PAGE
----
He might turn out to be the next Bill Gates. You don't know at this point. He also might crash and burn, which point he will need his mom and dad more than ever. Don't risk losing what you have in a son simply because his life trajectory is different than you hoped it would be.
Wow, that's some GOLD right there. Rep+
 

Vigilante

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At first I really was wondering if this was a troll. Reading through the words I believe it is just a father that really loves his son and wants the best for him.

And dad, if you haven't read the millionaire fast lane book, read it. It might help you understand better where he is coming from.
 

Mike Kavanagh

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Could have permanent and irrevocable consequences on your relationship with him forever. Is it worth that to you to win a philosophical argument over his career path?
I can attest to this.

I don't talk to my father.
I told him I wanted to be an entrepreneur and he said "The only way to make money(outside of a job) is to sling dope, give up that fantasy and work a good job so you don't get thrown in jail."

On the flip side, I do agree with MJ about the first sale and scale before quitting. If you stop one cashflow before you have another, your flow becomes stagnant.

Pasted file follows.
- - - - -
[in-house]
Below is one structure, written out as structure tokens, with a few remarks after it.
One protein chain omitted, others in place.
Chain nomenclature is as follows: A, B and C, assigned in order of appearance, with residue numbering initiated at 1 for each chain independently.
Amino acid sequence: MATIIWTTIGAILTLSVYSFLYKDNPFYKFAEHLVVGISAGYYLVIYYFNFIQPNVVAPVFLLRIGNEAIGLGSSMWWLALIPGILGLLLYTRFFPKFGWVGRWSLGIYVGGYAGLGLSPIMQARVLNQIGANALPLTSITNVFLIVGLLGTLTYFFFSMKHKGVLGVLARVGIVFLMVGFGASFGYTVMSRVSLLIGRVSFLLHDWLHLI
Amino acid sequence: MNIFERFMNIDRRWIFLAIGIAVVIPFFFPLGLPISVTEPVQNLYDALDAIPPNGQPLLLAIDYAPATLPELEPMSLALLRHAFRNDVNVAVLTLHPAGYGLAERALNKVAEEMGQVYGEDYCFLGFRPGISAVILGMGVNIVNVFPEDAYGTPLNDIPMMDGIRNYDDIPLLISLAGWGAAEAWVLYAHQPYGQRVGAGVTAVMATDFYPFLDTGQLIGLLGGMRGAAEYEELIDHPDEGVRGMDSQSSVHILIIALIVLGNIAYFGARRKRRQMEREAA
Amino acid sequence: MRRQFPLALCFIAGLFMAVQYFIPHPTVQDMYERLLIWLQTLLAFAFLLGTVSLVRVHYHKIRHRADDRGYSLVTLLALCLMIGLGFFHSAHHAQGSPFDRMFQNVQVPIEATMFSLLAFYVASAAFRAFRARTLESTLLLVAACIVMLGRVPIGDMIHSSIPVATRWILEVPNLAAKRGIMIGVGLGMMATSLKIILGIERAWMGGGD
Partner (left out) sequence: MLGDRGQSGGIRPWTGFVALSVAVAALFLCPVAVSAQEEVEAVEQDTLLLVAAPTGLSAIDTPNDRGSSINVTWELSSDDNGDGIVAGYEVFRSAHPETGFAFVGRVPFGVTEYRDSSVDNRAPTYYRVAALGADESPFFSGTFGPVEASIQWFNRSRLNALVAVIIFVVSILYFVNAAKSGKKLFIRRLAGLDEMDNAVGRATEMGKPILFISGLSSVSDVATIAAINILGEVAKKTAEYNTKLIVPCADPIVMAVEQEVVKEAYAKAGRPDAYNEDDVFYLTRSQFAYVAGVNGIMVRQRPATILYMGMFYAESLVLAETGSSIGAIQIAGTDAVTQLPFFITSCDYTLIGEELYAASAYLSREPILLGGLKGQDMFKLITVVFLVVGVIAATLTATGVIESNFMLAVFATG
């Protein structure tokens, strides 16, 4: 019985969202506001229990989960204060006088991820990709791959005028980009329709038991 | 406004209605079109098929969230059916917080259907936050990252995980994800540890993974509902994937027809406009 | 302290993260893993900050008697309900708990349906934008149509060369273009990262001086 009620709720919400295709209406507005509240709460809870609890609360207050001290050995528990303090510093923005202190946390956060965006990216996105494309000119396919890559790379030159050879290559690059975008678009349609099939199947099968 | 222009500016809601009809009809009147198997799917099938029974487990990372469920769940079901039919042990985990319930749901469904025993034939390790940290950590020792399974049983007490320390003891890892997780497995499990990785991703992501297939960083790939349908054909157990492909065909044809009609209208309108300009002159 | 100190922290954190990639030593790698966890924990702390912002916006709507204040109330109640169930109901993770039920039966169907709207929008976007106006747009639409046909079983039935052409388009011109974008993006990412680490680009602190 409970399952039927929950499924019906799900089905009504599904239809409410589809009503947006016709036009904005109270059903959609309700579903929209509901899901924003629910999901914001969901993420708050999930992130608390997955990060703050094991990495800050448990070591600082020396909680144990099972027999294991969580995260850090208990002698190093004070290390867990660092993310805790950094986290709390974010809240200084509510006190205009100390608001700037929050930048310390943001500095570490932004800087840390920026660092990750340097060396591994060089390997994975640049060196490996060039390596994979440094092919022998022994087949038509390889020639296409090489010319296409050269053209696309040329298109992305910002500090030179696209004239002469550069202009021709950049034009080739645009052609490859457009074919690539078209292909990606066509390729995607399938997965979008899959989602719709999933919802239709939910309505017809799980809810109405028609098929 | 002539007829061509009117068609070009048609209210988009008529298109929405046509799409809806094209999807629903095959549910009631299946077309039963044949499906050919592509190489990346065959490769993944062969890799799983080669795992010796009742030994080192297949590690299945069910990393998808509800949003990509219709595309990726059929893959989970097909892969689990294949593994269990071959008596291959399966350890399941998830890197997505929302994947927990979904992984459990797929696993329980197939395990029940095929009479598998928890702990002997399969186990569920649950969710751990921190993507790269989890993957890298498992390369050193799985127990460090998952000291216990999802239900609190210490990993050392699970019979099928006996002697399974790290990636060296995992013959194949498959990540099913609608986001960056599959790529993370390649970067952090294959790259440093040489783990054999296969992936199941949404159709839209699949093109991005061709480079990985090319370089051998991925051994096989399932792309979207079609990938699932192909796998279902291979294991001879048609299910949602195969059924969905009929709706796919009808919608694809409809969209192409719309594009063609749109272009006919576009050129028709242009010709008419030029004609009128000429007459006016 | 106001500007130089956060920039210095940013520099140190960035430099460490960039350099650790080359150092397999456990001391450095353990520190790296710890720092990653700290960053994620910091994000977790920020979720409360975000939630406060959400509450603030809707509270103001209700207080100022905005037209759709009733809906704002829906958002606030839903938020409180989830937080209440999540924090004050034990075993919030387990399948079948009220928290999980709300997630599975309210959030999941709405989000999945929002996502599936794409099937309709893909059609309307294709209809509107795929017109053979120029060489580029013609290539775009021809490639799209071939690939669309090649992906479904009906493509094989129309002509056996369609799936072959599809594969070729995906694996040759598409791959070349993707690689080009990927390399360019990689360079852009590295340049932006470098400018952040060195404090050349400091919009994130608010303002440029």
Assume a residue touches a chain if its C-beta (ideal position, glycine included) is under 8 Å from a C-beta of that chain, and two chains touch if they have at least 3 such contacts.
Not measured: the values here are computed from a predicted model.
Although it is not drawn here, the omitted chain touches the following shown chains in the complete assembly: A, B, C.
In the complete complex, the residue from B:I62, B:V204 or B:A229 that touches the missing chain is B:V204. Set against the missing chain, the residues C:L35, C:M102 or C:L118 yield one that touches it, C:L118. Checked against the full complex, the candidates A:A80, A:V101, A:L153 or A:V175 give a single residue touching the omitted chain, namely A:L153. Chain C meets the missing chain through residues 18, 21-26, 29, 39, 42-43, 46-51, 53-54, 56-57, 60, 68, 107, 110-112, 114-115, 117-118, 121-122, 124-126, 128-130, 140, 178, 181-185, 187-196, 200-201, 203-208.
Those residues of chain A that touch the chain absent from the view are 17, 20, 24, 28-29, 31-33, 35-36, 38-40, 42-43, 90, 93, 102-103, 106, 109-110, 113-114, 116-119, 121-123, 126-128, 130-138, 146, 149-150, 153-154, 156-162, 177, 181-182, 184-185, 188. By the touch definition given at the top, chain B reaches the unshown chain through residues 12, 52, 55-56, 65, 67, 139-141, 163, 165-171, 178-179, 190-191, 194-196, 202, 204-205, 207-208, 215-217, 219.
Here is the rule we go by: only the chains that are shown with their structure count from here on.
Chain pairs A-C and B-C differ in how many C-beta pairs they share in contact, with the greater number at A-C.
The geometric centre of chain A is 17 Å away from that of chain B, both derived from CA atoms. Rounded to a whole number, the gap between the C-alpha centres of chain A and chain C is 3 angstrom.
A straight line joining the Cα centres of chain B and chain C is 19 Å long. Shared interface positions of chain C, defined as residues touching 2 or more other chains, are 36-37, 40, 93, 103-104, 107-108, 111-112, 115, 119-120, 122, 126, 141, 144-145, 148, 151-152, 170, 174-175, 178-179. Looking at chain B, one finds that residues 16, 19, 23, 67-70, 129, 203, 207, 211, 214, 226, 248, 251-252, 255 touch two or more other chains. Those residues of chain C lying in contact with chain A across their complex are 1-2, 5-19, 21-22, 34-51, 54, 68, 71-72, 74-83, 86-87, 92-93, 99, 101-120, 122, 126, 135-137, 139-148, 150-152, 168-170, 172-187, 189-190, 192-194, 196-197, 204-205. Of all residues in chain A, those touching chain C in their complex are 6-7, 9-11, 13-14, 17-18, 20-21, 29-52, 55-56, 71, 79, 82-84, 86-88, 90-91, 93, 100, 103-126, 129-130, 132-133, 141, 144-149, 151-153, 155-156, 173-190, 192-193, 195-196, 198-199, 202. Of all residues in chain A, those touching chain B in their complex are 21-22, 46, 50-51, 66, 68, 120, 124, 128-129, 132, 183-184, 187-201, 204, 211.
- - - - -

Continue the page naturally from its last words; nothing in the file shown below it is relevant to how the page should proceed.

Vigilante

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I don't talk to my father.
Mike. Fix this. Give him the benefit of the doubt. Life is short bro. In a f*cked up way he might have been trying to look out for you.
 

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Mike Kavanagh

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Mike. Fix this. Give him the benefit of the doubt. Life is short bro. In a f*cked up way he might have been trying to look out for you.
That's not the only reason, but the most recent.
I given him many chances over the years.

I've lived in the same place, had the same phone number, worked at the same place for over half a decade now. Only 3 phone calls or Facebook messages from him in that time. Before that I lived in the same neighborhood for 7 years. Nothing.

I'm 23 years old. He was around for about 4 or 5 years scattered in somewhere. Just some stranger I call dad.
I can't be in the lifestyle he's chosen. I'll either end up dead or in jail.

Sometimes you just have to cut off people, even family.